Monday, January 16, 2012
Barry Smith's Antarctica
My friend Barry Smith, and his wife Catherine opened an Antarctic exhibition last week in exactly the same gallery (ArtsPost, Hamilton, NZ) where I held my Antarctic exhibition last August. Barry is a printmaker and Catherine is a painter and they have both been to Antarctica, most recently in 2006. Barry also spent the summer of 1959-60 working on expeditions down there, which he sometimes writes about on his interesting blog, Pukawaparadise. A couple of years ago, Barry allowed me to share a few of his photos from that period on Bibliophilia here.
Antarctica: Dreams and Discoveries includes five expressionist paintings of icebergs and blizzards on the sea ice by Catherine Smith. I was particularly enamoured with Barry Smith's seven woodcuts, which reference the events taking place on the ice a century ago as Amundsen and Scott raced to the Pole. In the photo above Barry is standing next to his print, 18th January 1912, which is very moving for Antarctica history enthusiasts for me, as it suggests we are looking over Scott's shoulder as he arrives at the South Pole and sees the Norwegian flag left by Amundsen who was first to visit, only a month earlier. All the poignancy of that moment is conveyed in the stark silhouette of the hooded figure and the bleak view in front of him.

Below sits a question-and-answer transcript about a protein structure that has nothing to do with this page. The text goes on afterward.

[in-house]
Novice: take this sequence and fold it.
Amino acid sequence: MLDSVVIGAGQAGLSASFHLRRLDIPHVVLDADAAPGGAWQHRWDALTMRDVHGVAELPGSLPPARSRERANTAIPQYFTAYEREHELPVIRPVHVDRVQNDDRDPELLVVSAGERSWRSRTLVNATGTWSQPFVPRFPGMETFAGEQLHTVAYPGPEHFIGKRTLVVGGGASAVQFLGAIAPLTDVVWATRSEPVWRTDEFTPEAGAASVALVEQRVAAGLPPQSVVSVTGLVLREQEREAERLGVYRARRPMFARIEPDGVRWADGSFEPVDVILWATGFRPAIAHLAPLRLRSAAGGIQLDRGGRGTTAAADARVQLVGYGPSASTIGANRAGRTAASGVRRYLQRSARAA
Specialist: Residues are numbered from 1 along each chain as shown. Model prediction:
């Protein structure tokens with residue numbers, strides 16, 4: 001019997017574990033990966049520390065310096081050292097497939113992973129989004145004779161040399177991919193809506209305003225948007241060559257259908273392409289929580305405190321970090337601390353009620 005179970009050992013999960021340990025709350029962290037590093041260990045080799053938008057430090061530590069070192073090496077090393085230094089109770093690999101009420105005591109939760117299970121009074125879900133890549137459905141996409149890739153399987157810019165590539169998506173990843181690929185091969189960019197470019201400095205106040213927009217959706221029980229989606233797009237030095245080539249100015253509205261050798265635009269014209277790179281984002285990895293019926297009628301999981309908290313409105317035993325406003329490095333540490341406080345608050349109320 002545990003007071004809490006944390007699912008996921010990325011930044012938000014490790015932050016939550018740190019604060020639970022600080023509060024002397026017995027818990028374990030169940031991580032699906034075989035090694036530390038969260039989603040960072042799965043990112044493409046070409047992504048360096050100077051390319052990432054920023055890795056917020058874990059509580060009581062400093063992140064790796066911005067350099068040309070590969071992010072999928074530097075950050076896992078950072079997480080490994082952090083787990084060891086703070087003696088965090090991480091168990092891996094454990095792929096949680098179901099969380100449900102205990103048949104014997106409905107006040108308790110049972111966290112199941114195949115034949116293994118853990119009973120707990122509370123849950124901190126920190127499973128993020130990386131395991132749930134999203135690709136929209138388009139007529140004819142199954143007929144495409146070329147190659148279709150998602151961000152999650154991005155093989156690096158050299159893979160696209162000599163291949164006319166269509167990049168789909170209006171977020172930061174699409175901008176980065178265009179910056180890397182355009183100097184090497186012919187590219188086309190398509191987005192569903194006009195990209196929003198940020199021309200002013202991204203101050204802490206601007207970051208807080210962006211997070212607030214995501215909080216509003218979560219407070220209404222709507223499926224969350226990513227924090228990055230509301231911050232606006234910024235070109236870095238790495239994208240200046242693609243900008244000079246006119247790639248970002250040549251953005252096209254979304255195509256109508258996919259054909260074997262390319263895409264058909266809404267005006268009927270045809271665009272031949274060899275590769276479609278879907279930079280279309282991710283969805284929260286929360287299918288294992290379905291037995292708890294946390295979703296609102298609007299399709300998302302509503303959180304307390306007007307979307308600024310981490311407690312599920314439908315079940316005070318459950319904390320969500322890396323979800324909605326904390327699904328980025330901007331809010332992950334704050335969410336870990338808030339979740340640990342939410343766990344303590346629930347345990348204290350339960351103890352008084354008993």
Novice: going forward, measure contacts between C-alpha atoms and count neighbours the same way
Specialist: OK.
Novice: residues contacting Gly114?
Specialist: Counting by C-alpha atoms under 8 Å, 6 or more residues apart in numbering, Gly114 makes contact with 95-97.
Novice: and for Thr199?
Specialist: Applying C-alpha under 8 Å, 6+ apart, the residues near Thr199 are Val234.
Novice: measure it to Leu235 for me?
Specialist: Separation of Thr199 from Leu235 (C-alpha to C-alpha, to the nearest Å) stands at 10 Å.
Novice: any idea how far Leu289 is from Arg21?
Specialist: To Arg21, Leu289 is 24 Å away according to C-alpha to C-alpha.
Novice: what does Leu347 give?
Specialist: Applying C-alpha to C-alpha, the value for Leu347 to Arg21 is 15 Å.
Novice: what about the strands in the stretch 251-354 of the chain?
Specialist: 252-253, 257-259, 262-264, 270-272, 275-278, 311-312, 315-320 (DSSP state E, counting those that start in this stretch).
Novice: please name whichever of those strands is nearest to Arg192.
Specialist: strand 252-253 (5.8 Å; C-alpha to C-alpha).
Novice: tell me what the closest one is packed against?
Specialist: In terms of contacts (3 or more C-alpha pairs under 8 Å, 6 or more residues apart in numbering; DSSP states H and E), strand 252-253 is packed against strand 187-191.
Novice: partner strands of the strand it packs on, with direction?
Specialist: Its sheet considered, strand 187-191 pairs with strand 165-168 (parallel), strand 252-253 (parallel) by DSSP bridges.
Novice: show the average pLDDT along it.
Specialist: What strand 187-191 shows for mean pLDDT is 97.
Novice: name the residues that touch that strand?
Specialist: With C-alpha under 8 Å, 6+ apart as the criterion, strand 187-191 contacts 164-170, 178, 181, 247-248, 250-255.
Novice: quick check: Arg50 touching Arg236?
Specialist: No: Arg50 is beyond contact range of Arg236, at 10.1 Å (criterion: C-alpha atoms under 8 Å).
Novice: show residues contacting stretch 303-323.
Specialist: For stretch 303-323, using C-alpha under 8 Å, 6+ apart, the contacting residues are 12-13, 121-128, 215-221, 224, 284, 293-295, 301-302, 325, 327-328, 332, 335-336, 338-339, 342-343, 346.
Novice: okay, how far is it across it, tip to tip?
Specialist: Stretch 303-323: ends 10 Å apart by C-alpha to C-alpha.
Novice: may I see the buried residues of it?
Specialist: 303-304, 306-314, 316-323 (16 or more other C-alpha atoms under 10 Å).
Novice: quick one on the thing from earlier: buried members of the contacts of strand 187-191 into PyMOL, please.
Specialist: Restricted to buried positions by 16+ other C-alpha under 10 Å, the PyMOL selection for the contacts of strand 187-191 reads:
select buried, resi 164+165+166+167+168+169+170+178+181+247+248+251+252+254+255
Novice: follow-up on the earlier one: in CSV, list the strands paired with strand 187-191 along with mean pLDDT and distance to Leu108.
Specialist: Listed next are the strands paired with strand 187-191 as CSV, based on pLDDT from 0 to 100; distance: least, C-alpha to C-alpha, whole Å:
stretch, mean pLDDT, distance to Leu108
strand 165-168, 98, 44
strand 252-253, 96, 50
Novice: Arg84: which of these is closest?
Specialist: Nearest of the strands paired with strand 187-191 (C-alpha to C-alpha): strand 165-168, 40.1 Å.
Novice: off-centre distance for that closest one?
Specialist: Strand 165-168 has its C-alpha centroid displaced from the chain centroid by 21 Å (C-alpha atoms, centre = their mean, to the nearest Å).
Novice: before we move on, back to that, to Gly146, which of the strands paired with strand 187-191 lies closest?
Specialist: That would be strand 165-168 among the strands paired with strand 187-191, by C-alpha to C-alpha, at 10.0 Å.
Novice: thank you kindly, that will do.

My two favourite prints were the simplest. Cold Way to the Plateau, and embossed woodcut with no ink, no colour, just the relentless white of the paper and snow marked only by light and shadow falling across the texture of the embossing. Eleven Miles Short is all grey and grim, once again expressing perfectly the tragedy of Scott's expedition. Eleven miles short refers to the distance Scott and his party died from the nearest cache containing the food and fuel they desperately needed.
The story of Scott and Amundsen has been told so many times, in so many ways that you might think it worn threadbare as an explorer's socks at the end of his journey. But Barry's images are not interpretations of well known photographs, nor simply illustrating diaries or histories. His imagined perspectives are evocative and moving, satisfyingly authoritative and imaginative. I'm sure that even people unfamiliar with the tales of the Heroic Age will be stirred by the stark and simple beauty of Barry Smith's Antarctica.
Posted by Meliors Simms at 10:25 a.m.